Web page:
HALLOWEEN OF HORROR REVIEW: THE GRUDGE 3

 

CAST

Matthew Knight (Cheaper By The Dozen 2)
Shawnee Smith (Anger Managment)
Marina Sirtis (Star Trek: TNG)
Johanna Braddy  (Easy A)
Beau Mirchoff (Scary Movie 4)
Gil McKinney (Jeepers Creepers 2)
Aiko Horiuchi  (Rabbit Fever)

MV5BZGI2MGQ0YjEtMGEyZS00ZjQ1LWJjNGEtNDNhMzViODFlMGZmXkEyXkFqcGdeQXVyNTg3MTc4ODY@._V1_Jake, the only survivor from the second movie, is under the care of Dr. Sullivan in an asylum. He is locked in his room following several escape attempts and is attacked by Kayako. The attack is seen on security cameras, although Kayako cannot be seen, and Jake is dead by the time Dr. Sullivan arrives with a security officer. News of the incident reaches a young woman in Tokyo, Naoko, who is the sister of Kayako. Believing that her sister is responsible, she travels to Chicago.
MV5BMjA2NjgyODkyOF5BMl5BanBnXkFtZTcwODc1NzQ1Mg@@._V1_The apartment building where Jake lived is under renovation. Of the few residents who remain, some glimpse Toshio. One is drowned by Takeo Saeki and is never again seen. Dr. Sullivan, while investigating Jake’s death, speaks with residents and finds that others have seen the little boy of whom Jake spoke. Naoko moves in as attacks continue against the residents and anyone associated with them. She tells the landlord’s family that the curse now resides in the apartment and tries to convince them to participate in an exorcism. The landlord’s sister, Lisa, refuses to cooperate but reconsiders when she realizes that her brother, Max, is possessed by the spirit of Takeo Saeki, the evil husband of Kayako and the source of the curse. Naoko warns that the ceremony must not be interrupted and tells Rose that she must drink Kayako’s blood. Lisa disallows this. Takeo, as Max, realizes what Naoko is attempting and attacks and kills her. Lisa is chased by Kayako until, just as Kayako is about to kill Lisa, Rose drinks Kayako’s blood which causes her curse to disappear.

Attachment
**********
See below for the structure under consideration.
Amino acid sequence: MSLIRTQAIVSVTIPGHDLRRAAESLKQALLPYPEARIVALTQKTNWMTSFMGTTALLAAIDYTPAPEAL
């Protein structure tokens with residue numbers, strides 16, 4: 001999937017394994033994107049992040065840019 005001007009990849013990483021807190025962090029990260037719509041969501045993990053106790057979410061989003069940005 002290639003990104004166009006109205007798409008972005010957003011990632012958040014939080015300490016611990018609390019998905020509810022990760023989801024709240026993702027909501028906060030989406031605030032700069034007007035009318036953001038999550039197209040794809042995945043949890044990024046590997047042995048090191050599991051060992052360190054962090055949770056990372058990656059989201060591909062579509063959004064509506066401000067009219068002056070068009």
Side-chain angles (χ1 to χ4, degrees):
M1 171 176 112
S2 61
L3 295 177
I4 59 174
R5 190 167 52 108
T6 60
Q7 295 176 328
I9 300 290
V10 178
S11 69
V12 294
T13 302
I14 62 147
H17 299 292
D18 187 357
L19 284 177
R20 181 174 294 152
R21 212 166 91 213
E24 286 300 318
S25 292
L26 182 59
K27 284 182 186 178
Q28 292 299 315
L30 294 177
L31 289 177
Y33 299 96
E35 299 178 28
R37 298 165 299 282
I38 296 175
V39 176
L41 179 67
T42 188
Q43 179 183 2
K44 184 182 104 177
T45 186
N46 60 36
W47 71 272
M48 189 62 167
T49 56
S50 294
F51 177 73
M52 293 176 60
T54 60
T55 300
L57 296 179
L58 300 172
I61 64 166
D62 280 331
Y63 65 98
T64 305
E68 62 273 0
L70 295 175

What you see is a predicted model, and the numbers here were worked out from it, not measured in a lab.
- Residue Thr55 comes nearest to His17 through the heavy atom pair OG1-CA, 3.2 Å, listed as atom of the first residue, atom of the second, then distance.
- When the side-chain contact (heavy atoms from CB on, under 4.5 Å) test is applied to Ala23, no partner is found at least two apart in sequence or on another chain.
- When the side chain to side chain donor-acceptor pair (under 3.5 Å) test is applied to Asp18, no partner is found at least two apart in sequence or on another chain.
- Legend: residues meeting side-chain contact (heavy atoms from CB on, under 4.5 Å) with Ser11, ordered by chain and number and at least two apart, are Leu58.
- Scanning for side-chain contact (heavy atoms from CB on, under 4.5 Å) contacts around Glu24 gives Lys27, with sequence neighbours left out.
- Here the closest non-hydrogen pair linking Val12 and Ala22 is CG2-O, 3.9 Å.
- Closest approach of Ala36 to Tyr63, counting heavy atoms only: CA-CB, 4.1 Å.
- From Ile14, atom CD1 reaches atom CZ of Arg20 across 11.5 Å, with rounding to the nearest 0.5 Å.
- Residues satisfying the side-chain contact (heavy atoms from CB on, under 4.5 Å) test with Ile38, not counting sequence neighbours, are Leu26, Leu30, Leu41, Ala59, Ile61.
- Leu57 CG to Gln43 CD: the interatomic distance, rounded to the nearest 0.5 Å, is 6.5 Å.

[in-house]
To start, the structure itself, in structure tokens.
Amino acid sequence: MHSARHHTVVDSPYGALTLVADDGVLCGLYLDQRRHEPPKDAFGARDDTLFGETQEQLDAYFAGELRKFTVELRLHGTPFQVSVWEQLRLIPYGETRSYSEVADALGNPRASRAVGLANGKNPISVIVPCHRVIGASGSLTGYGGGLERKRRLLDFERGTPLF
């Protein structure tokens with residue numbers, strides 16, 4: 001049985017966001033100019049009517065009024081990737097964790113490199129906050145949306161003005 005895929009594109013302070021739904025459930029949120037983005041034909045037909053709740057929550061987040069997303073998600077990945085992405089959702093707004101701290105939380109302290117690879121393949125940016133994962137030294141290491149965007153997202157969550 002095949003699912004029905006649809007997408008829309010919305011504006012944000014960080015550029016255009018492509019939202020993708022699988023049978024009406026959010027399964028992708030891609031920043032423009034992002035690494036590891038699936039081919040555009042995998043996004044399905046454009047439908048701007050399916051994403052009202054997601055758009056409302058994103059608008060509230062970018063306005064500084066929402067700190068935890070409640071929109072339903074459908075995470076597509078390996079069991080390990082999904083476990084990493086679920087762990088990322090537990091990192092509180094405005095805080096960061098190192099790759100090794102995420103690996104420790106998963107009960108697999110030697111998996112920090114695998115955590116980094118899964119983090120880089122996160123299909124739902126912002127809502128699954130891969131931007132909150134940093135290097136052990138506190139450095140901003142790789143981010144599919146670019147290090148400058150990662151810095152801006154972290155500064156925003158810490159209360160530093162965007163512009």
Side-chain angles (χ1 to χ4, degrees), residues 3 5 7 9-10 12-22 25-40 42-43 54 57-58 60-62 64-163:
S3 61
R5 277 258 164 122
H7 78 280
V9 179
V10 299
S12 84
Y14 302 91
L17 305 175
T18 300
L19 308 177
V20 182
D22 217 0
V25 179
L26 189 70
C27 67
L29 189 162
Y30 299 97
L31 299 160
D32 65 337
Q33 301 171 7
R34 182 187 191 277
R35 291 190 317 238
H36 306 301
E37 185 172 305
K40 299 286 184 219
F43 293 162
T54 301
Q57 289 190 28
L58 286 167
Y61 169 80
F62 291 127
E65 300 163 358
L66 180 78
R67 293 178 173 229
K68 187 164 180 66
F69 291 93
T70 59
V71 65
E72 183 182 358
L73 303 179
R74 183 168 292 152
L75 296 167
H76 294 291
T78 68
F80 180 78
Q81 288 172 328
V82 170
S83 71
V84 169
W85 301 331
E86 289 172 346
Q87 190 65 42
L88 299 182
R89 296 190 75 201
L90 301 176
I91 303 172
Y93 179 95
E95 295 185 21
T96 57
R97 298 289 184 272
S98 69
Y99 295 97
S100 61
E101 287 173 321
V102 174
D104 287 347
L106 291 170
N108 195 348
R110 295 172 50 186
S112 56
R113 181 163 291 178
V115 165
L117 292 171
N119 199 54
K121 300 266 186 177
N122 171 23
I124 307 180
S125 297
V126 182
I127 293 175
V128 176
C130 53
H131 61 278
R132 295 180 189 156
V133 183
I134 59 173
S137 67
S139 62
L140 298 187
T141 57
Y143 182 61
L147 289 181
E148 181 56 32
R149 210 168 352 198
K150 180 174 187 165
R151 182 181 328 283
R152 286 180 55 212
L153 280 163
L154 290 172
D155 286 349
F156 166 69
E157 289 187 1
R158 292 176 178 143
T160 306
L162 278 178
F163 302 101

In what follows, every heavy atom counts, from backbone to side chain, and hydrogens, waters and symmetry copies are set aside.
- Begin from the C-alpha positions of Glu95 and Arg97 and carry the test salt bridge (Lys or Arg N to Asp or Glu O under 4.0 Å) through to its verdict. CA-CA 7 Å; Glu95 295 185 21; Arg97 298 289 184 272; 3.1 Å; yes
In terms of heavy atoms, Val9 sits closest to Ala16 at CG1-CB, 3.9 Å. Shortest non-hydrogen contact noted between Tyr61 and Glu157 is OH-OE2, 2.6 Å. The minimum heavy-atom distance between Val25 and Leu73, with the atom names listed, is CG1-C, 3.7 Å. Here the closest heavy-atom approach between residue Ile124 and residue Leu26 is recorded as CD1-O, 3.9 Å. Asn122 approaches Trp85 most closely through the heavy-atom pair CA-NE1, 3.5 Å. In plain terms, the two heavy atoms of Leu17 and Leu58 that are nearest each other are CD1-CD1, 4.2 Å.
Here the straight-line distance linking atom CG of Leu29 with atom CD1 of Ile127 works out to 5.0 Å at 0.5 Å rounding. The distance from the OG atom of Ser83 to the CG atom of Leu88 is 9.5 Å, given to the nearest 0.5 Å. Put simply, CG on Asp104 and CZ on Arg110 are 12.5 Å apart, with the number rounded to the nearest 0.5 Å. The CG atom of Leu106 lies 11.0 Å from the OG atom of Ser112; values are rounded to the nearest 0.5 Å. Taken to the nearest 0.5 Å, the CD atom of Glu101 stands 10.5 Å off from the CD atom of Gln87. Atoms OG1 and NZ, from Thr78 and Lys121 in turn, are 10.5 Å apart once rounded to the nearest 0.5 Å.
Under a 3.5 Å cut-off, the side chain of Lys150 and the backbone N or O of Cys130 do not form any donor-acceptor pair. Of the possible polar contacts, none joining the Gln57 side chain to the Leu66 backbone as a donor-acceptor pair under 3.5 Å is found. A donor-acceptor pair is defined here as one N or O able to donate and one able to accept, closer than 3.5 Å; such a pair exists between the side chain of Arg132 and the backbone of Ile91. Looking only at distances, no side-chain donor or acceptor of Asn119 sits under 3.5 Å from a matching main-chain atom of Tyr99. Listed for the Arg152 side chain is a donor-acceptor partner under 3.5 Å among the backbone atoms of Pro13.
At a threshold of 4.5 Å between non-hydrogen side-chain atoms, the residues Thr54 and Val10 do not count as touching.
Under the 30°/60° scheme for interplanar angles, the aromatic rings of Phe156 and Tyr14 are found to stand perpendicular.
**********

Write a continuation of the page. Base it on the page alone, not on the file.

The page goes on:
MV5BMTYzNDQyNTQzNV5BMl5BanBnXkFtZTcwMzc1NzQ1Mg@@._V1_Max returns to his senses and sobs over what he has done, but Naoko’s murder has begun a new curse. Her ghost attacks and kills him. The film ends with Kayako shown to be in possession of Rose.MV5BYzMzN2IyYWEtZTEzMi00NzQ3LWE1YzktMTkwOWVhZTYyMjE0XkEyXkFqcGdeQXVyNDgyODgxNjE@._V1_This movie went straight to DVD instead of on cinema release which normally tells you that the movie is considered too bad for general release. However Grudge 3 is not that bad. you like the first 2 Grudge films you’ll like this, the story isn’t as interesting as the first two and kind of repetitive but the scares surprisingly still get you completely on the edge of your seat even when you know they are coming.

HALLOWEEN OF HORROR REVIEW: CARNIVAL OF SOULS (1998)

CAST

Bobbie Phillips (Two Guys and A Girl)
Shawnee Smith (Anger Management)
Larry Miller (10 Things I Hate ABout You)
Paul Johansson (Highlander: The Series)
Robert LaSardo (Nip/Tuck)

pumpkinsA young girl witnesses the brutal rape and murder of her mother by a circus clown and begins to have nightmares when the carnival comes back to town when she is an adult.Carnival of Souls 1998 apparently wasn’t well received or liked, and I really can’t understand why. The only reason I can determine for this is that Wes Craven’s name is attached to this film. Usually this great director’s name would be a positive force for a film. In this case, however, it may have been misleading. Others probably rented Carnival of Souls expecting unrelenting fear. However, this film is not in that category.Carnival-of-Souls-1998-movie-film-horror-Larry-Miller-clown-hat